The "Manhattanization" of Toronto

                                July 4, 2019

Photo via Flickr user Rick Harris


“The concept of people actually being able to live downtown and get to work without driving any distance has to be the way of the future.” 1

– Carl Blanchaer, a Principal at WZMH Architects


The term “Manhattanization” is used to describe a city resembling Manhattan which is experiencing a rise in population density primarily due to increased high-rise construction. Toronto’s growth has been geographically restricted within the Golden Horseshoe causing an island effect and forcing the city to grow vertically instead of sprawling outward. This largely is due to the Greenbelt Act, which prohibits most forms of development in approximately 2 million acres of land in the Southern Ontario region. By limiting sprawl in suburban areas outside of Toronto, the core of the city must develop upwards to ensure the demand of a growing population is met.


Toronto is Canada’s most populous city and is projected to have over 3.9 million residents by 2041, an increase of 41%2. Toronto is widely known for its diversity and with its presence in the global market, it continues to grow and expand at an impressive rate. The surge of construction in the development sector is evident as 72,344 housing units were under construction in March 2018, 75% of these being condos.3 The city also experienced a period of rapid job growth from 2006 to 2016 where 67,000 new jobs were added in the downtown area alone, most of these being knowledge-based jobs. In fact, Toronto was recently named the fastest-growing tech-job market in 2017.4


With many jobs being added to the core of the city, the demand for housing for those wanting to live near their workplace is growing. The lack of transit options and traffic congestion are only some of the many reasons that living outside of the city and commuting to work downtown is no longer a desirable option. Between 2013 and 2017, a total of over 140,000 residential units were proposed in the Downtown and Central Waterfront area alone.5 Despite the negative connotations that are associated with development proposals, Toronto is in dire need of more housing and a mix of housing options. Demand is only rising due to the increasing population, which includes those relocating from outside of the city to be closer to work.


As condo units continue to be built, townhouses and single detached homes are proving to be unaffordable for most people due to their limited supply. However, building additional single-family houses instead of residential towers would only create further problems as it would limit housing supply and cause prices to rise even higher. Toronto is already struggling to accommodate its current residents, and this alternative would only make matters worse as the City’s population continues to grow. The Canada Mortgage and Housing Corporation (CMHC) considers housing as “affordable” when costs are less than 30% of a household’s before-tax income. According to the Toronto Housing Market Analysis, there is currently one “affordable” unit for every four low-income households in Toronto.6

Photo via Flickr user Paul Bica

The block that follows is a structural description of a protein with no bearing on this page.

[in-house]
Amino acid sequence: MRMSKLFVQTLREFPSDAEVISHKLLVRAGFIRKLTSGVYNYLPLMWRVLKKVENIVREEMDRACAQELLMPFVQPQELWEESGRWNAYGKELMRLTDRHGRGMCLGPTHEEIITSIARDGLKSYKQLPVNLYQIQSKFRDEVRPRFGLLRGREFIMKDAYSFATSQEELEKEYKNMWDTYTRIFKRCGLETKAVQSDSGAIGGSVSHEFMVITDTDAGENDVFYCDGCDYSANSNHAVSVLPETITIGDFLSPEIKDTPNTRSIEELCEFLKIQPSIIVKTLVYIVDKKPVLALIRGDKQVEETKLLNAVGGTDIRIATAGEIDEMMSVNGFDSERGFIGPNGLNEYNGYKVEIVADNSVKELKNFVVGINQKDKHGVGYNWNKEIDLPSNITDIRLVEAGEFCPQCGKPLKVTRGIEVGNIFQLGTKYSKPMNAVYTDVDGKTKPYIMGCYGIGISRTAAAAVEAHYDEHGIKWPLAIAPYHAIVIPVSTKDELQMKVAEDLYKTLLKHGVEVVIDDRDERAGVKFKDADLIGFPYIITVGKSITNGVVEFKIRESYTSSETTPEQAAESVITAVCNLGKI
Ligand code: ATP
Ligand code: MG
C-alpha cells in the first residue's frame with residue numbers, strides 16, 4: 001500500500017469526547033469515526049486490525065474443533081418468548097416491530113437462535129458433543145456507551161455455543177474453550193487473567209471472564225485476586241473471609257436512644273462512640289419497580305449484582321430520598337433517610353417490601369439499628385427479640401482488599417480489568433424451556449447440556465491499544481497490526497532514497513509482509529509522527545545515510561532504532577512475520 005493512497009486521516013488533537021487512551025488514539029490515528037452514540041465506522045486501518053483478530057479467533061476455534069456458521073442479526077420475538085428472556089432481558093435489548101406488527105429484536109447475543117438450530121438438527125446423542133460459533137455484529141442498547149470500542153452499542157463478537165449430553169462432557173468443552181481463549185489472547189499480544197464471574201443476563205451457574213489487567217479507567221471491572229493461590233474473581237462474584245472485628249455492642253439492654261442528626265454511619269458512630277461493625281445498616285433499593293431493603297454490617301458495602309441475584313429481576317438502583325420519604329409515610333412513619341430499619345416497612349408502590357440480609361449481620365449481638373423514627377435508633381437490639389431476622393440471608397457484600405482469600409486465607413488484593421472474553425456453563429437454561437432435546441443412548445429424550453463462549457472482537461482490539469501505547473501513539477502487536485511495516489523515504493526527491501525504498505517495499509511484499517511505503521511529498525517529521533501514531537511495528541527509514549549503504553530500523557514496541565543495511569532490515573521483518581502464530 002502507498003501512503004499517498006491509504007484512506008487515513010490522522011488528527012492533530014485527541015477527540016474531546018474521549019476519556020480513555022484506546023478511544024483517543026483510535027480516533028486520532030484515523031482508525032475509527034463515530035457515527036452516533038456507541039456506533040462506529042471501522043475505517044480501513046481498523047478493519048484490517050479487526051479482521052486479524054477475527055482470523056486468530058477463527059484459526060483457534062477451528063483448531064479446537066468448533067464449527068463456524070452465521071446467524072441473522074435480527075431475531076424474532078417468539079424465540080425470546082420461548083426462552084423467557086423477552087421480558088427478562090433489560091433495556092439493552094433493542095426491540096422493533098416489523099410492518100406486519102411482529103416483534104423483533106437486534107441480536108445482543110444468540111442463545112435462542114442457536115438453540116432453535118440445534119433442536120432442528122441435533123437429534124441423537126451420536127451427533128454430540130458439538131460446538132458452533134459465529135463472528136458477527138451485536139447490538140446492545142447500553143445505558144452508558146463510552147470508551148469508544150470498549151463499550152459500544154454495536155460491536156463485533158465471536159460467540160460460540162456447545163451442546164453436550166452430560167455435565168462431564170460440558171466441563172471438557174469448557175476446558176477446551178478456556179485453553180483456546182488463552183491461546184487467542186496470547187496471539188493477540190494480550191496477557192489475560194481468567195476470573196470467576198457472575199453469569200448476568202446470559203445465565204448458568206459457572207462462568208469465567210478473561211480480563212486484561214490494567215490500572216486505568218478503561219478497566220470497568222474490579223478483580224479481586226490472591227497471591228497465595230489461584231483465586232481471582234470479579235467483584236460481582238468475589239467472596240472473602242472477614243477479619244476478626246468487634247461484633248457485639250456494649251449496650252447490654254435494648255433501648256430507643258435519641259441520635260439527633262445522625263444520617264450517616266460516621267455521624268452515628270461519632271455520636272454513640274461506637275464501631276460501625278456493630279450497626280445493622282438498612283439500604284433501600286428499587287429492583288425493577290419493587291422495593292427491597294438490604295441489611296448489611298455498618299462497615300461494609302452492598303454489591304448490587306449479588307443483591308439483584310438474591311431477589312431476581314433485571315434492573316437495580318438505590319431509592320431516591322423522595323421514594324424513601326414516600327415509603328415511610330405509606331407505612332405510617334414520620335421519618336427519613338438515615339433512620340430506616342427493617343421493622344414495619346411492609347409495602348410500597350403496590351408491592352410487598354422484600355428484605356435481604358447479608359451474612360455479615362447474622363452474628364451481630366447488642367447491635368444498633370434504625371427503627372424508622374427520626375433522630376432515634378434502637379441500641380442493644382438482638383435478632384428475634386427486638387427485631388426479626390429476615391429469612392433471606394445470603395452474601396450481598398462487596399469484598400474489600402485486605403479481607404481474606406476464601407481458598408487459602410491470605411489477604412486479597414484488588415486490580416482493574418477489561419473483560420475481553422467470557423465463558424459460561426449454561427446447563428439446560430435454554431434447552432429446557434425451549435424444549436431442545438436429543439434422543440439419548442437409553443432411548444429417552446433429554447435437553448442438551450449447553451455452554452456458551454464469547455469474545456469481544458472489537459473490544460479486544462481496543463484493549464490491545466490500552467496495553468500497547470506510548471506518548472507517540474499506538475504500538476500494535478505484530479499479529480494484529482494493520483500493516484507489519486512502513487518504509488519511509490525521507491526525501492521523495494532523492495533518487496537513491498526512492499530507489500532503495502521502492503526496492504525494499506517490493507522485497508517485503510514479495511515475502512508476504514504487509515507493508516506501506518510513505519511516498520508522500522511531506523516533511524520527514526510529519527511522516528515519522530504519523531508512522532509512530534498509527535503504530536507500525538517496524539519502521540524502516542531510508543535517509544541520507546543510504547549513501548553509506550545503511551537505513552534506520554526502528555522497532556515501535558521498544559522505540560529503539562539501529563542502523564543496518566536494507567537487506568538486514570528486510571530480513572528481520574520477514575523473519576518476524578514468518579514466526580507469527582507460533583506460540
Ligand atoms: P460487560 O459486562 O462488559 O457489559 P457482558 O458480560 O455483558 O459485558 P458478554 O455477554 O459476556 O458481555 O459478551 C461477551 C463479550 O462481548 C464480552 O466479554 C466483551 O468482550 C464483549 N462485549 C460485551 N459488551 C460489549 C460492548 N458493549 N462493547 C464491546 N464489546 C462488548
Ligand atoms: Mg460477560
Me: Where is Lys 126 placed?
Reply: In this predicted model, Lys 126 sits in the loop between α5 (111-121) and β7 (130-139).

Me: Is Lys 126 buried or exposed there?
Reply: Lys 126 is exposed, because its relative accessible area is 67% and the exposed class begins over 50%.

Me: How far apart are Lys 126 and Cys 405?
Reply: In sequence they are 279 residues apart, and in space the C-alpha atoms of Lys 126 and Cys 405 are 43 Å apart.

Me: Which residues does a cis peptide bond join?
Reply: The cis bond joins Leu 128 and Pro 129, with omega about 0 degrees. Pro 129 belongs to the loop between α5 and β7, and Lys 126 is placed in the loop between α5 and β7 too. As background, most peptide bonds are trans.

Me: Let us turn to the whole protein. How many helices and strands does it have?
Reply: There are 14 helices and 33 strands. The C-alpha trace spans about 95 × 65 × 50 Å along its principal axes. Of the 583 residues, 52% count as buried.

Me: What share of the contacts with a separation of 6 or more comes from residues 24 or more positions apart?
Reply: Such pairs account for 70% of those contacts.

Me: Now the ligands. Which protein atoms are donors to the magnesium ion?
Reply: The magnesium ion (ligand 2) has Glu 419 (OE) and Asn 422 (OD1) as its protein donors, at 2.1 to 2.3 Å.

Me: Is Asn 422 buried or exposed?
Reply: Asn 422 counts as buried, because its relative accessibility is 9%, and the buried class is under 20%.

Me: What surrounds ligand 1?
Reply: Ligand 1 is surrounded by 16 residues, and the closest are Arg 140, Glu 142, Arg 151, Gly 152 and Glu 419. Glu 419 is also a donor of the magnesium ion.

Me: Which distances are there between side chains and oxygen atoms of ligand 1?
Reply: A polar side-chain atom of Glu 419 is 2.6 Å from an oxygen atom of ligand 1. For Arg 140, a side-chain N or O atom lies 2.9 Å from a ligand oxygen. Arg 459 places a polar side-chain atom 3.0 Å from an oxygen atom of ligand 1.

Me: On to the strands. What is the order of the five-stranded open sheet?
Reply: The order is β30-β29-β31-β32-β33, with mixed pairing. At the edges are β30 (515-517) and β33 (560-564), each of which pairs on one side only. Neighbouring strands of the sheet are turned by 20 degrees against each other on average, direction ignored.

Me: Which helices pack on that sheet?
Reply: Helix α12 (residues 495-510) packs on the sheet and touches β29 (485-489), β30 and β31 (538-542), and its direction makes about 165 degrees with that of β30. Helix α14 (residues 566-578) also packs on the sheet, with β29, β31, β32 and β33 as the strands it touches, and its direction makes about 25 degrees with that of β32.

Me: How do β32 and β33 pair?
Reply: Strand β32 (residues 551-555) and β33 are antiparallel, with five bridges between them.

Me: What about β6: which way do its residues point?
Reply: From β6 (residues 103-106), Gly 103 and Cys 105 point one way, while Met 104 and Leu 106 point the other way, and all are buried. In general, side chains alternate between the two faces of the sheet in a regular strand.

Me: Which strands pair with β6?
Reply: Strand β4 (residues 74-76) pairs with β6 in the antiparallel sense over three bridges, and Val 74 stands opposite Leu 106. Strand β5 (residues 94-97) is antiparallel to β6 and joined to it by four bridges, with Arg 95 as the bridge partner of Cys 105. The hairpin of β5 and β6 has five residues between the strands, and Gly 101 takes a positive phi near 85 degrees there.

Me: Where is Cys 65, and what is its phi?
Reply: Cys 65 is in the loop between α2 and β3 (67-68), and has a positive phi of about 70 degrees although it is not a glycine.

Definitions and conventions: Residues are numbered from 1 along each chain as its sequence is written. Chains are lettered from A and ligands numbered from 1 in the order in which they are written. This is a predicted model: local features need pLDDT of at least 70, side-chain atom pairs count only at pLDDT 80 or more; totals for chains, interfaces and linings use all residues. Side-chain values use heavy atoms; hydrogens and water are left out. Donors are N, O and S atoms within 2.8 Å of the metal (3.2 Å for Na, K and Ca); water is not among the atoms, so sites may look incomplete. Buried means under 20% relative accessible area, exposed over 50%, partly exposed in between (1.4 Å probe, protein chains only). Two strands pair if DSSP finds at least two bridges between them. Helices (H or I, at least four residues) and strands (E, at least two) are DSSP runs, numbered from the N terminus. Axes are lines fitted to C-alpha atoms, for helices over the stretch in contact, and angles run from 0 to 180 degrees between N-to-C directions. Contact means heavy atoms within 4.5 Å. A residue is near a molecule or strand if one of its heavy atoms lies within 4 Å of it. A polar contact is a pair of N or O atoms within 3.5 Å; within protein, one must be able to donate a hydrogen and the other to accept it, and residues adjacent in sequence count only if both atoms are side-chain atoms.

Toronto’s Official Plan has been in effect since June 2015 and is intended to act as a guide to ensure the City develops to its full potential. It is doing so by focusing density and intensification to appropriate areas, such as transit corridors, and away from the city’s green spaces and stable residential neighborhoods. Decreased development charges, lower interest rates and fewer legal roadblocks are some of the advantages that come with developing in these areas zoned by the City, such as North York Centre and Yonge-Eglinton Centre. In addition to this, it also includes strategies to encourage construction of community housing and to create community benefits for residents of the area. This helps neighbourhoods to stay diverse while facing a rapid increase of density.


There are some drawbacks to the Manhattanization of Toronto the City must address, such as traffic congestion and limited green spaces. However, there are far more positive aspects to a growing city than there are negatives. Intentionally slowing down growth is not a realistic alternative as growth is a natural part of any successful city. Moreover, with a growing city comes various benefits such as the convenience of walking or cycling to work, countless vibrant options for entertainment and cultural opportunities that one may not be able to find outside of a large city. For example, nightlife is an important aspect of any destination city. Toronto has previously considered appointing a ‘Night Mayor’ as part of a larger goal of managing the City’s nighttime economy. Some of the responsibilities of this position would include creating a safe and entertaining nightlife experience for its residents and tourists. As Toronto grows, more unique opportunities for arts and culture such as these will continue to become available.


As Canada’s largest city but only third most dense behind Montreal and Vancouver, Toronto still has a lot of room to grow. In fact, according to the Fraser Institute, Toronto has a low population density of 4,457 inhabitants per square kilometer when compared to other high-density cities such as Paris with 21,067 residents per square kilometer and Brooklyn, N.Y. with 14,541.7 The City should work towards minimizing any consequences of a high-density population and encouraging all of the positives that come with the natural growth of a successful city. As Toronto continues to grow, and is built up with strong mix of housing options, the more the city will flourish as a great place to live and work.